Jury wants state to pay $15 million for death
SPARTANBURG -A Spartanburg County jury says the state should pay $15 million for not replacing a merging traffic sign before an accident that killed a 20-year-old woman three years ago.
State law, however, caps court judgments against state agencies at $300,000.
The state Department of Transportation didn't keep an inventory of its signs, said Gary Poliakoff, a lawyer for the family of Meredith McCallister.
"How could they replace it, if they didn't have a system in place to know when it was missing? I think the jury was trying to send a strong message to the DOT," Mr. Poliakoff said.
School leaders back sales tax increase
COLUMBIA -Some school leaders are pushing a plan that would raise the state's sales tax by 2 cents on the dollar and lower property taxes.
Legislators proposed a similar plan earlier this year, but the measure didn't make it through committee hearings before the General Assembly went home in June.
Along with the sales tax increase, they want to eliminate sales tax exemptions on several items and services, including newspapers, newsprint, broadcasting equipment, residential electricity bills, lottery tickets, bulk mail and long-distance phone calls. The plan generates up to $1.5 billion.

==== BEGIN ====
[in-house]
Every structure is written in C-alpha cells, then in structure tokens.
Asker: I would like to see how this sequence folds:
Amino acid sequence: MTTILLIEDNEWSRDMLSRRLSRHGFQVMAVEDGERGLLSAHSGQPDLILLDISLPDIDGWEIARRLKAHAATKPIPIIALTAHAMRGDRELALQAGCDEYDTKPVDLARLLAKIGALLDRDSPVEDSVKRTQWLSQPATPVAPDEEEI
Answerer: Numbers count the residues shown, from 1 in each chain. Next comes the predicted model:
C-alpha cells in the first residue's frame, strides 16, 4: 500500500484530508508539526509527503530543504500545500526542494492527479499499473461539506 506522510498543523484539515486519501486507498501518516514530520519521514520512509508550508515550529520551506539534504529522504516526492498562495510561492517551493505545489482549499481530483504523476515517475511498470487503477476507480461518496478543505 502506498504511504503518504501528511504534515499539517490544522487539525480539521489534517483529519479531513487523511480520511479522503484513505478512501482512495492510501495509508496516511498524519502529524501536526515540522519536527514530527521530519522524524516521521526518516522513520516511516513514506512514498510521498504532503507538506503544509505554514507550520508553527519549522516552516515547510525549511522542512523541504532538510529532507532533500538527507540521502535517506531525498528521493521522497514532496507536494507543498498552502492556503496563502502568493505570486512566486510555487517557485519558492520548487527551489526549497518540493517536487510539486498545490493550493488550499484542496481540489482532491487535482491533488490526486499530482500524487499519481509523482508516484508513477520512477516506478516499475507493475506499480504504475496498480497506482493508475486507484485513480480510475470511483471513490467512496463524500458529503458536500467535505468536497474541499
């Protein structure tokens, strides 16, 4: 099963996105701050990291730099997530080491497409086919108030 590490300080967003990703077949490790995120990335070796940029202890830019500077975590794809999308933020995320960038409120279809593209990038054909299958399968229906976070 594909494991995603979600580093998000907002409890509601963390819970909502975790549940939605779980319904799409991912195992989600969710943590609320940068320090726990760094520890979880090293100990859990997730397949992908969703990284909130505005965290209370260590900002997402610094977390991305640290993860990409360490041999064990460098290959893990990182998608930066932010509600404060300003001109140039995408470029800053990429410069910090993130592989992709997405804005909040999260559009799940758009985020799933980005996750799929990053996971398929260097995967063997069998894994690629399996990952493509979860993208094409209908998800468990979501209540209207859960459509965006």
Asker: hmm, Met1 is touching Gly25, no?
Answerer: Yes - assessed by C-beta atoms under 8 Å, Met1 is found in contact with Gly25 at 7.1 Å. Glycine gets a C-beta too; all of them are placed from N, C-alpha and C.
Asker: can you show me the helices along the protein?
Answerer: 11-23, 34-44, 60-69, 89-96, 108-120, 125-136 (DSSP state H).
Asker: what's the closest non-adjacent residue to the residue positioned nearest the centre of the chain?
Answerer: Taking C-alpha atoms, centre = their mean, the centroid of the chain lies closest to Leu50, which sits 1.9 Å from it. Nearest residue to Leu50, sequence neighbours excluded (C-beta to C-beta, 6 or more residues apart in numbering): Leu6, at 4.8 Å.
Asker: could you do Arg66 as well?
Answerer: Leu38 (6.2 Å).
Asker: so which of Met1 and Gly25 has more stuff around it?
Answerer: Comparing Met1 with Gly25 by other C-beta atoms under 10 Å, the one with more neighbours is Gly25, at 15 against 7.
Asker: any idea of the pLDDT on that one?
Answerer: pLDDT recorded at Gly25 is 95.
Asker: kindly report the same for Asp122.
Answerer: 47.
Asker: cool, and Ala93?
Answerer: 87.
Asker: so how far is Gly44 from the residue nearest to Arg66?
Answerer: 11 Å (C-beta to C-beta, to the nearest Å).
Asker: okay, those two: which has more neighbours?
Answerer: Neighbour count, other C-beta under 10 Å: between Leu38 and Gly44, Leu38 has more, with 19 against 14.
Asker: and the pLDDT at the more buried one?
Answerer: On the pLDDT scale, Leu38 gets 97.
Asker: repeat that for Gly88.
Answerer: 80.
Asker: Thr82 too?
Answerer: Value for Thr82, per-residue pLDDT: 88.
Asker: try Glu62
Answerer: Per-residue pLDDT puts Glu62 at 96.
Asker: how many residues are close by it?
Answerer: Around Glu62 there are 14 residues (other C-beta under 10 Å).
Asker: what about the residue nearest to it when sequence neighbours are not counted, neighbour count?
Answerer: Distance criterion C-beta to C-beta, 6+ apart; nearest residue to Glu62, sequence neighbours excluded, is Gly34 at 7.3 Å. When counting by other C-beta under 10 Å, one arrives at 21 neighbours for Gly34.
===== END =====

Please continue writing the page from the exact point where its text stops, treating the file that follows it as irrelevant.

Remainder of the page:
Cases of West Nile in animals double
CHARLESTON -Confirmed animal cases of West Nile virus have doubled in South Carolina since last year.
There has been one confirmed human case in an Oconee County man who developed meningo-encephalitis in May and survived. A year earlier, there was also a single confirmed human case.
The 189 animal cases confirmed through Friday are more than double the 83 cases for all of last year. The cases involved animals in 34 counties, up from nine counties last year.
Transportation board votes to cut costs
CHARLESTON -The board of the Charleston Area Regional Transportation Authority has voted to cut routes and hours and temporarily raise standard fares to keep the public transportation system running a while longer.
The cost-cutting measures will buy time for CARTA while the agency awaits word on whether the state Supreme Court reconsiders its decision to overturn the county's half-cent sales tax. The tax was to be CARTA's only local source of funding.
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